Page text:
Recommendation: Adopt The Accountability And Transparency In High Stakes Negotiations Policy Resolution Amending Rule 25 Of The Council’s Rules Of Procedure, Resolution No. 82580 C.M.S. And Resolution No. 84758 C.M.S., To Require City Councilmembers Appointed To Serve On Boards, Commissions, Agencies, Joint Powers Authorities, (“Representatives”) To: (1) Notify The City Council As Soon As High-Stakes Negotiations Commence; (2) Provide Real-Time Reports On High-Stakes Negotiations And Annual Reports On General Business; And (3) Participate In Training Regarding Their Duties And Obligations Of Representation Within 30 Days Of Appointment

Basically, it requires the negotiating parties (the two CMs appointed to the JPA board) to keep the rest of the Council and the Mayor in the loop and inform on a regular basis. You’d think this would be standard operating procedure, and I’d ask you what cute small town you live in where this happens. In any event, the resolution passed – coincidentally on Wednesday. Now Schaaf will have the opportunity to play by the very rule she drew up. Whether or not it was politics, it should work to the public’s benefit when the time comes for real negotiations. It’s a lot better than the Mayor’s office whispering information to useful idiot types who then spew it out to a select audience.

The underappreciated part of Schaaf’s pledge is the need for a professional, permanent City Administrator. Keeping one in place has been less successful than having a drummer in Spinal Tap. There was Santana’s tumultuous reign, then Fred Blackwell stayed on the job for a month before taking a private sector position. Prior to Santana were two interim administrators, P. Lamont Ewell and Dan Lindheim. The current administrator is also an temporary hire, Henry Gardner. And we can’t forget that Robert Bobb was run out of town by Jerry Brown when Bobb pushed for an Uptown ballpark. The job is not for the meek. Bobb’s consulting firm is taking a gig with the JPA, negotiating Coliseum City or an alternative on their behalf. Bobb negotiated the publicly-financed Nationals Ballpark deal and recently helped deliver a report on a nearby stadium concept for the DC United soccer franchise. At $286 million, nearly half paid by the District, it would be the most expensive stadium in MLS by leaps and bounds. A City Manager/Administrator does far more than stadium deals, and finding qualified, experienced candidates is not easy, as Oakland has seen the last several years. Having one in place who supports the project, negotiates fairly for the City, and communicates regularly is just as important as having a Mayor on board. It doesn’t hurt to have a good working relationship between the City Administrator and Mayor. What’s particularly troubling is that the rapid turnover has exposed a brain drain problem at City Hall. Many cities promote from within to fill an open city manager position, with the advantage that an internal candidate already knows the local turf and pitfalls, no learning curve required. Gardner’s expected to leave with Quan, so to call the need urgent would not be an understatement.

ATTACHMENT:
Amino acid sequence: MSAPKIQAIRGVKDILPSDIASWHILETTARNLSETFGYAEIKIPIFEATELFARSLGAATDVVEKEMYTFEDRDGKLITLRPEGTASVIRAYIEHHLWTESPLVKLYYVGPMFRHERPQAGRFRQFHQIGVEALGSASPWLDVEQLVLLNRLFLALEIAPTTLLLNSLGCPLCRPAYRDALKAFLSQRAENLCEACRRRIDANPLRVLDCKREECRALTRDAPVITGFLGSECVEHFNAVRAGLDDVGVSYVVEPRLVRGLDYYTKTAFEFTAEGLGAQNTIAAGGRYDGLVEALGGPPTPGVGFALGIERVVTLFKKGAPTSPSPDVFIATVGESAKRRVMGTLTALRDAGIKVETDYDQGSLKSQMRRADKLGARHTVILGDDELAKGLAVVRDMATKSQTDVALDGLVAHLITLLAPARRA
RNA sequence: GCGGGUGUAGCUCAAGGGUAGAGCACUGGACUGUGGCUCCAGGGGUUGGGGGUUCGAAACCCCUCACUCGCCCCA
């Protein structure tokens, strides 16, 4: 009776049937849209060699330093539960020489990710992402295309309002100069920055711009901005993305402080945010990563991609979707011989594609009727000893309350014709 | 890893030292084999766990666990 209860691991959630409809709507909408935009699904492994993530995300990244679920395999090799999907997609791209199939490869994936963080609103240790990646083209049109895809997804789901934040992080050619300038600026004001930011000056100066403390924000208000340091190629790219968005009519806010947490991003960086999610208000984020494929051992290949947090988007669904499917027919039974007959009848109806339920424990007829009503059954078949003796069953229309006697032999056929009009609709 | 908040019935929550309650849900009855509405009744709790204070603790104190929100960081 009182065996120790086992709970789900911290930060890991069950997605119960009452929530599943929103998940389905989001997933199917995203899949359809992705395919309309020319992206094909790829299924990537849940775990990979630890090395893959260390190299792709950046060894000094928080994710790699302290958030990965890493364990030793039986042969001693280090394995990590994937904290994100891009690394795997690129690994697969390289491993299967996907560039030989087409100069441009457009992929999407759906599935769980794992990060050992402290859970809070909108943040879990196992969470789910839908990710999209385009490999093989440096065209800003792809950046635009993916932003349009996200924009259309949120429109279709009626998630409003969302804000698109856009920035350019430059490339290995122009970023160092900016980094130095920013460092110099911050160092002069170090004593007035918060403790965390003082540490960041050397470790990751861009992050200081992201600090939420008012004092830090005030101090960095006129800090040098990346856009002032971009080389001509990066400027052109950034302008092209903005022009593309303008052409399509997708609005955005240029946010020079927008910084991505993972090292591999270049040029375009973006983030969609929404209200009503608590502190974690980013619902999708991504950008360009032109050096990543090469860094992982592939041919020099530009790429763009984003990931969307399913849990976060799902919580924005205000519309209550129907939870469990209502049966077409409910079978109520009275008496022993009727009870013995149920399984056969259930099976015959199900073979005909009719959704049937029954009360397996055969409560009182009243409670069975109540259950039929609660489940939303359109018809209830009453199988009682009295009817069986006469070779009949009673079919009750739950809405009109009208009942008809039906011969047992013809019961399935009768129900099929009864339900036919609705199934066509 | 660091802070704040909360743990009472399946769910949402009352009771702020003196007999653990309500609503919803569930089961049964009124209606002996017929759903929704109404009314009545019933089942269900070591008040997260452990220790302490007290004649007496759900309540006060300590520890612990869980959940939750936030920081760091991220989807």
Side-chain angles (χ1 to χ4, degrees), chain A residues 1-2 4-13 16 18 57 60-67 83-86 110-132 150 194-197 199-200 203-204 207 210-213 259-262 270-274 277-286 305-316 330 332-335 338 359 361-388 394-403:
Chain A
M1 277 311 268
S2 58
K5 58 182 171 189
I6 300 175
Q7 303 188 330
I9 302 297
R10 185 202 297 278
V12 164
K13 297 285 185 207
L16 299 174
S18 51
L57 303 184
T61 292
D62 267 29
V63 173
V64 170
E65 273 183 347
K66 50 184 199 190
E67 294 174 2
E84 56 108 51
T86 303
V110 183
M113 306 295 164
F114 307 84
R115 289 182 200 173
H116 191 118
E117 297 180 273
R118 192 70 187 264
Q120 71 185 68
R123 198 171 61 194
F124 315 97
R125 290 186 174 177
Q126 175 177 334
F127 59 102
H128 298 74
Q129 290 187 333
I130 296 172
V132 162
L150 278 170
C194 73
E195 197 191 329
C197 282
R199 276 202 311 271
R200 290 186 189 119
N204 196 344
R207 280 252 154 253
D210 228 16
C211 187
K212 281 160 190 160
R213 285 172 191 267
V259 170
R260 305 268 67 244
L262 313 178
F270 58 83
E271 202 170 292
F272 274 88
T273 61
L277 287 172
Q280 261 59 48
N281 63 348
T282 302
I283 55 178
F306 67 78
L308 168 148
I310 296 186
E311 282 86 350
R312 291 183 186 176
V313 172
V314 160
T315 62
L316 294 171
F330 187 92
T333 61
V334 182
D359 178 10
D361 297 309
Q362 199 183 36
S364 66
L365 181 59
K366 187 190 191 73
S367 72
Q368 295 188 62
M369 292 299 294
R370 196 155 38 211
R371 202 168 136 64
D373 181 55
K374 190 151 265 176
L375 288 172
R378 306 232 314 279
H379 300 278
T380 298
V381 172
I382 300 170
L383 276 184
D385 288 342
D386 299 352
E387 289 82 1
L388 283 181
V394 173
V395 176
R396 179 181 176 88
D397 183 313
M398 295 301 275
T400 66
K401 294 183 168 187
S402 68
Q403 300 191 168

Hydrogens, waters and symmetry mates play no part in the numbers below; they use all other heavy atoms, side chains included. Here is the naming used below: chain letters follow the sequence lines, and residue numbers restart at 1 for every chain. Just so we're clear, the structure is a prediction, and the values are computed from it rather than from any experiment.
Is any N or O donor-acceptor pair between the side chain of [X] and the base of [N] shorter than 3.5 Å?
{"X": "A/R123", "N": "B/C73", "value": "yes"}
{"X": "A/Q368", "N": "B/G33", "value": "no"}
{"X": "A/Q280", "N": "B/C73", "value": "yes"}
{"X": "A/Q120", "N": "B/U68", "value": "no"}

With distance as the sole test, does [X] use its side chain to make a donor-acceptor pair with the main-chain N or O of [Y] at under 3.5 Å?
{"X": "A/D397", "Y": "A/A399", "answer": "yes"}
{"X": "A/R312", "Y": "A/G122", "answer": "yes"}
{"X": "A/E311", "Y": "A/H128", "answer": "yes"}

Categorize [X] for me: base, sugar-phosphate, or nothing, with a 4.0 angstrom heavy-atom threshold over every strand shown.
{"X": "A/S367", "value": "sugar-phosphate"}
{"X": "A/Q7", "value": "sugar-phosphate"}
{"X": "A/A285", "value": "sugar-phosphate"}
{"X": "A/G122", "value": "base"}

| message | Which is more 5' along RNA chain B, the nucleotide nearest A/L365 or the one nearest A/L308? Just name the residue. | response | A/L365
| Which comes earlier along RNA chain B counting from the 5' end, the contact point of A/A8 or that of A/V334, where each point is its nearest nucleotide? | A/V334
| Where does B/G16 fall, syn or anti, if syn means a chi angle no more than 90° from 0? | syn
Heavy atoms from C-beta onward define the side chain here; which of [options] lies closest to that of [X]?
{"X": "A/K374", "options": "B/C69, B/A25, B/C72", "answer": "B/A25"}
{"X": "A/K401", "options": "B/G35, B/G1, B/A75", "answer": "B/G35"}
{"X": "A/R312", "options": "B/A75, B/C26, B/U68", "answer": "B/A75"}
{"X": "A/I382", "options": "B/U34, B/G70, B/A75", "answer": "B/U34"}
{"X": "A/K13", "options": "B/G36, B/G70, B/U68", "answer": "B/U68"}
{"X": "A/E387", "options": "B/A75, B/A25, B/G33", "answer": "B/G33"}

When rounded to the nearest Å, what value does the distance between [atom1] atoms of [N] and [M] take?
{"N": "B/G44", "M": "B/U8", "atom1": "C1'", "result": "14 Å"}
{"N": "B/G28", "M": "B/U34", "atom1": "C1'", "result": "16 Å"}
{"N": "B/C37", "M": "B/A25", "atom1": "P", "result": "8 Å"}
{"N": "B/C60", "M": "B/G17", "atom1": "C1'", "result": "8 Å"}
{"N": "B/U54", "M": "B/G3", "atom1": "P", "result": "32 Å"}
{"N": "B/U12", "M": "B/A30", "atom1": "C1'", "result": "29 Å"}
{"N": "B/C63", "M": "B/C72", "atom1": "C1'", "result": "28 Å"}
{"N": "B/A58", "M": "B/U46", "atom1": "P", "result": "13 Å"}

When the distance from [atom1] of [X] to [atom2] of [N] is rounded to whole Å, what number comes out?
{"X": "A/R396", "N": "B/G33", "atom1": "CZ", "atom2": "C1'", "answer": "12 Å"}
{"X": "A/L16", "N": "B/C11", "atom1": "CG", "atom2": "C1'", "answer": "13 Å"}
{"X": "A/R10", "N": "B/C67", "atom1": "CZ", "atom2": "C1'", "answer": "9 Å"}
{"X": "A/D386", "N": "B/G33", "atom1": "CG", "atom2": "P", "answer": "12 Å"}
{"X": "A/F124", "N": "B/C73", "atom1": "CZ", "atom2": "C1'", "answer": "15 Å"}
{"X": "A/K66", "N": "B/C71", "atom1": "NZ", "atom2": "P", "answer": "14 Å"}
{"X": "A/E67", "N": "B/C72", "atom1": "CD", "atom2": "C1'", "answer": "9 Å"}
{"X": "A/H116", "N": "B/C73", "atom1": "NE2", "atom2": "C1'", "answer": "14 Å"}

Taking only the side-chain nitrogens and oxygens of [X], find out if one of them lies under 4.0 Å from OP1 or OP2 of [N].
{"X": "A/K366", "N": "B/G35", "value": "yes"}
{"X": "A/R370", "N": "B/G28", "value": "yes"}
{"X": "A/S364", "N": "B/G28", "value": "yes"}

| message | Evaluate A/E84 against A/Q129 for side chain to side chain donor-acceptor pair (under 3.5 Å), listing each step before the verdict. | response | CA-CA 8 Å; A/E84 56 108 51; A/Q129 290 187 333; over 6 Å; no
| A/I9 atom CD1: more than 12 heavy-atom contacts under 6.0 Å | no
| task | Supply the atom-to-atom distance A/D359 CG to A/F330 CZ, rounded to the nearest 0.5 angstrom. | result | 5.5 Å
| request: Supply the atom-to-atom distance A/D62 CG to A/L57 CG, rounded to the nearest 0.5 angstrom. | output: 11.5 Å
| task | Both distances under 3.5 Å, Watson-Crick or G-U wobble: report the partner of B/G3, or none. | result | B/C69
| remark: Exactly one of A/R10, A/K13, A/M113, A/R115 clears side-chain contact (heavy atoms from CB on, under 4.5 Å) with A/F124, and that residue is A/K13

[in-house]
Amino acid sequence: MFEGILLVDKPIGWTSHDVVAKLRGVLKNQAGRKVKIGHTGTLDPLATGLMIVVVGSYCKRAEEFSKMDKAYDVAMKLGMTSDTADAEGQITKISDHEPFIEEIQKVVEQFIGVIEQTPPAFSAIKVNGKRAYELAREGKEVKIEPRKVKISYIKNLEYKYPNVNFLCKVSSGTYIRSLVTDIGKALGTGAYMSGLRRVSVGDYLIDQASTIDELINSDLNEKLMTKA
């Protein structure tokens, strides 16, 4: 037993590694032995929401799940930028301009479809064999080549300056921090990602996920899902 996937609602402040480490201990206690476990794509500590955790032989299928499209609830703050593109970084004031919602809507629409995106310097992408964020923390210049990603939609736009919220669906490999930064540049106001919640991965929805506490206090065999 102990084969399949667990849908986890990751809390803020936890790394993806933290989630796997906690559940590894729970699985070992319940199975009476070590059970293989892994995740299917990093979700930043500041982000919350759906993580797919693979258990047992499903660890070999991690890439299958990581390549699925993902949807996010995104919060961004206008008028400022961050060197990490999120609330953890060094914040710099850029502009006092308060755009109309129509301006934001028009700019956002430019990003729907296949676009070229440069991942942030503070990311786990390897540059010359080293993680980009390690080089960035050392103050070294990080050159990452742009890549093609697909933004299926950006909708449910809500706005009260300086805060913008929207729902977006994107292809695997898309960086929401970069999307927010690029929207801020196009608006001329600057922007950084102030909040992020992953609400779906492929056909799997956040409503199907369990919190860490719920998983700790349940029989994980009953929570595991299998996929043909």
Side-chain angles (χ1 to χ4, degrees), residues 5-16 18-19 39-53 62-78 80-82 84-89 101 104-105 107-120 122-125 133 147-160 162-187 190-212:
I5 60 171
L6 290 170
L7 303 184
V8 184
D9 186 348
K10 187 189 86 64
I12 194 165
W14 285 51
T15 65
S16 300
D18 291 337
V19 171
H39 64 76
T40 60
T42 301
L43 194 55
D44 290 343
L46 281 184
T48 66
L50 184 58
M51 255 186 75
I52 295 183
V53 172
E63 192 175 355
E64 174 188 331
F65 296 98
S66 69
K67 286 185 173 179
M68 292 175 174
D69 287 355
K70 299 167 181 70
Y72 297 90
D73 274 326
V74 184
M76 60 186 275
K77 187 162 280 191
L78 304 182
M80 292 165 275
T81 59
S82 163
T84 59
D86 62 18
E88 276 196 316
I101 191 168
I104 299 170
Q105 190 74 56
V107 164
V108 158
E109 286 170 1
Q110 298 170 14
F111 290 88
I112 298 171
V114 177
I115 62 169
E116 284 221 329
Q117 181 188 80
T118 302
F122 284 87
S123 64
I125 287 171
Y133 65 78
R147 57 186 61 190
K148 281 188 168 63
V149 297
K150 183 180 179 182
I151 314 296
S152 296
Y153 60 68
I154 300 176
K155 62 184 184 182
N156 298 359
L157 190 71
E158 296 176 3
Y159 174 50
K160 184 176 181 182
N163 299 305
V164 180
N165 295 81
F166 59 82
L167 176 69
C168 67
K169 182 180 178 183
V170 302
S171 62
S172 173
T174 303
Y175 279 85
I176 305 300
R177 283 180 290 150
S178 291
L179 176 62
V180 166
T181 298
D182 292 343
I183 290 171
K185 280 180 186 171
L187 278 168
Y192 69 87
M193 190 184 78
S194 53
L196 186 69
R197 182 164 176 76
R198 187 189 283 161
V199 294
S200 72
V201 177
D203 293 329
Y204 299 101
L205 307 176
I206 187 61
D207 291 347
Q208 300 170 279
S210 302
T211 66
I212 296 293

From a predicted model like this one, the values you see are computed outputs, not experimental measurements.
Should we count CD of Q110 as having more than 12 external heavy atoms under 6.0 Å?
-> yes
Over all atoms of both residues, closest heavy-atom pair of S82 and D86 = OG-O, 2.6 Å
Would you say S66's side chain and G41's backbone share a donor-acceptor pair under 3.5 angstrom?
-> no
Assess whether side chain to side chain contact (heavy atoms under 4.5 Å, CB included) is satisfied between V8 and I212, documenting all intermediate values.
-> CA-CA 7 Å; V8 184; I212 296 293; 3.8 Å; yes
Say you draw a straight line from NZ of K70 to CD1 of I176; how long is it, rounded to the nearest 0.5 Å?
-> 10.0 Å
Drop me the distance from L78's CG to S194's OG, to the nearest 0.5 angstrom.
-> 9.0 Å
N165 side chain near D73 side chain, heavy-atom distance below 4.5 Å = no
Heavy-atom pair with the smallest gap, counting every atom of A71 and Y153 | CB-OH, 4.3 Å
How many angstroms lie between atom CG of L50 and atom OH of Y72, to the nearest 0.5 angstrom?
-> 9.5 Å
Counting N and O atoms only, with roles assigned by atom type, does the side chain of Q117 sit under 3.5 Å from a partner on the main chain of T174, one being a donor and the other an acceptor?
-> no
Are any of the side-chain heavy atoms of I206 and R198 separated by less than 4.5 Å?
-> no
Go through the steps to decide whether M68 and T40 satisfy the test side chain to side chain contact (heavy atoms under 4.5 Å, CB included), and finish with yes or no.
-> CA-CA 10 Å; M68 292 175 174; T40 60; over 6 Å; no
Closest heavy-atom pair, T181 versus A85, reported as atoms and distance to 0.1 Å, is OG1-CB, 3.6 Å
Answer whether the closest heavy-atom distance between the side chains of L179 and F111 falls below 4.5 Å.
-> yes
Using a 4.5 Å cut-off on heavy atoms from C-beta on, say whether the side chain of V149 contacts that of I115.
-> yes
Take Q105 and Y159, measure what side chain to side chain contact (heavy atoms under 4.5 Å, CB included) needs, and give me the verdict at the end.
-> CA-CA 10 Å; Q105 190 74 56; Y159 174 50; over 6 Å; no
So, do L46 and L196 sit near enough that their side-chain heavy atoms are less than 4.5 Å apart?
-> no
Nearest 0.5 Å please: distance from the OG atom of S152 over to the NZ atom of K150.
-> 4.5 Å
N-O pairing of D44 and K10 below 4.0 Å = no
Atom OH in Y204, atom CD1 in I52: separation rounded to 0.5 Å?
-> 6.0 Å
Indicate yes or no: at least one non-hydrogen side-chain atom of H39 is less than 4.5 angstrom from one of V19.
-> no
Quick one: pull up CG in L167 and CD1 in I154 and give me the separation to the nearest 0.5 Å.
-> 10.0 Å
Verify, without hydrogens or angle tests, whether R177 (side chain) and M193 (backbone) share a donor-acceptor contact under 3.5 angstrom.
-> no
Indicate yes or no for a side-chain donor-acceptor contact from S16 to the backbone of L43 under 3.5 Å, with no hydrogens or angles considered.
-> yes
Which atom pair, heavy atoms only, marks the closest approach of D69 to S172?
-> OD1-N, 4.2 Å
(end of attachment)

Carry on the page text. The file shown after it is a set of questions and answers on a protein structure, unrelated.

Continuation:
47 thoughts on “More Election Aftermath 2014: Oakland Transition Begins

  1. ML,

    I would love to hear your take on San Antonio officials in town to lasso Mark Davis today. Perhaps you are already working on a post already, if so, forgive me.

    Thanks!

  2. wonder where’s the backlash from those antil a’s/wolff east bay citizens who’ve hammered both for looking at sj for many years yet the raiders can meet with officials from both down south in southern california and even another state in a different time zone and haven’t heard a peep yet.

  3. @letsgoas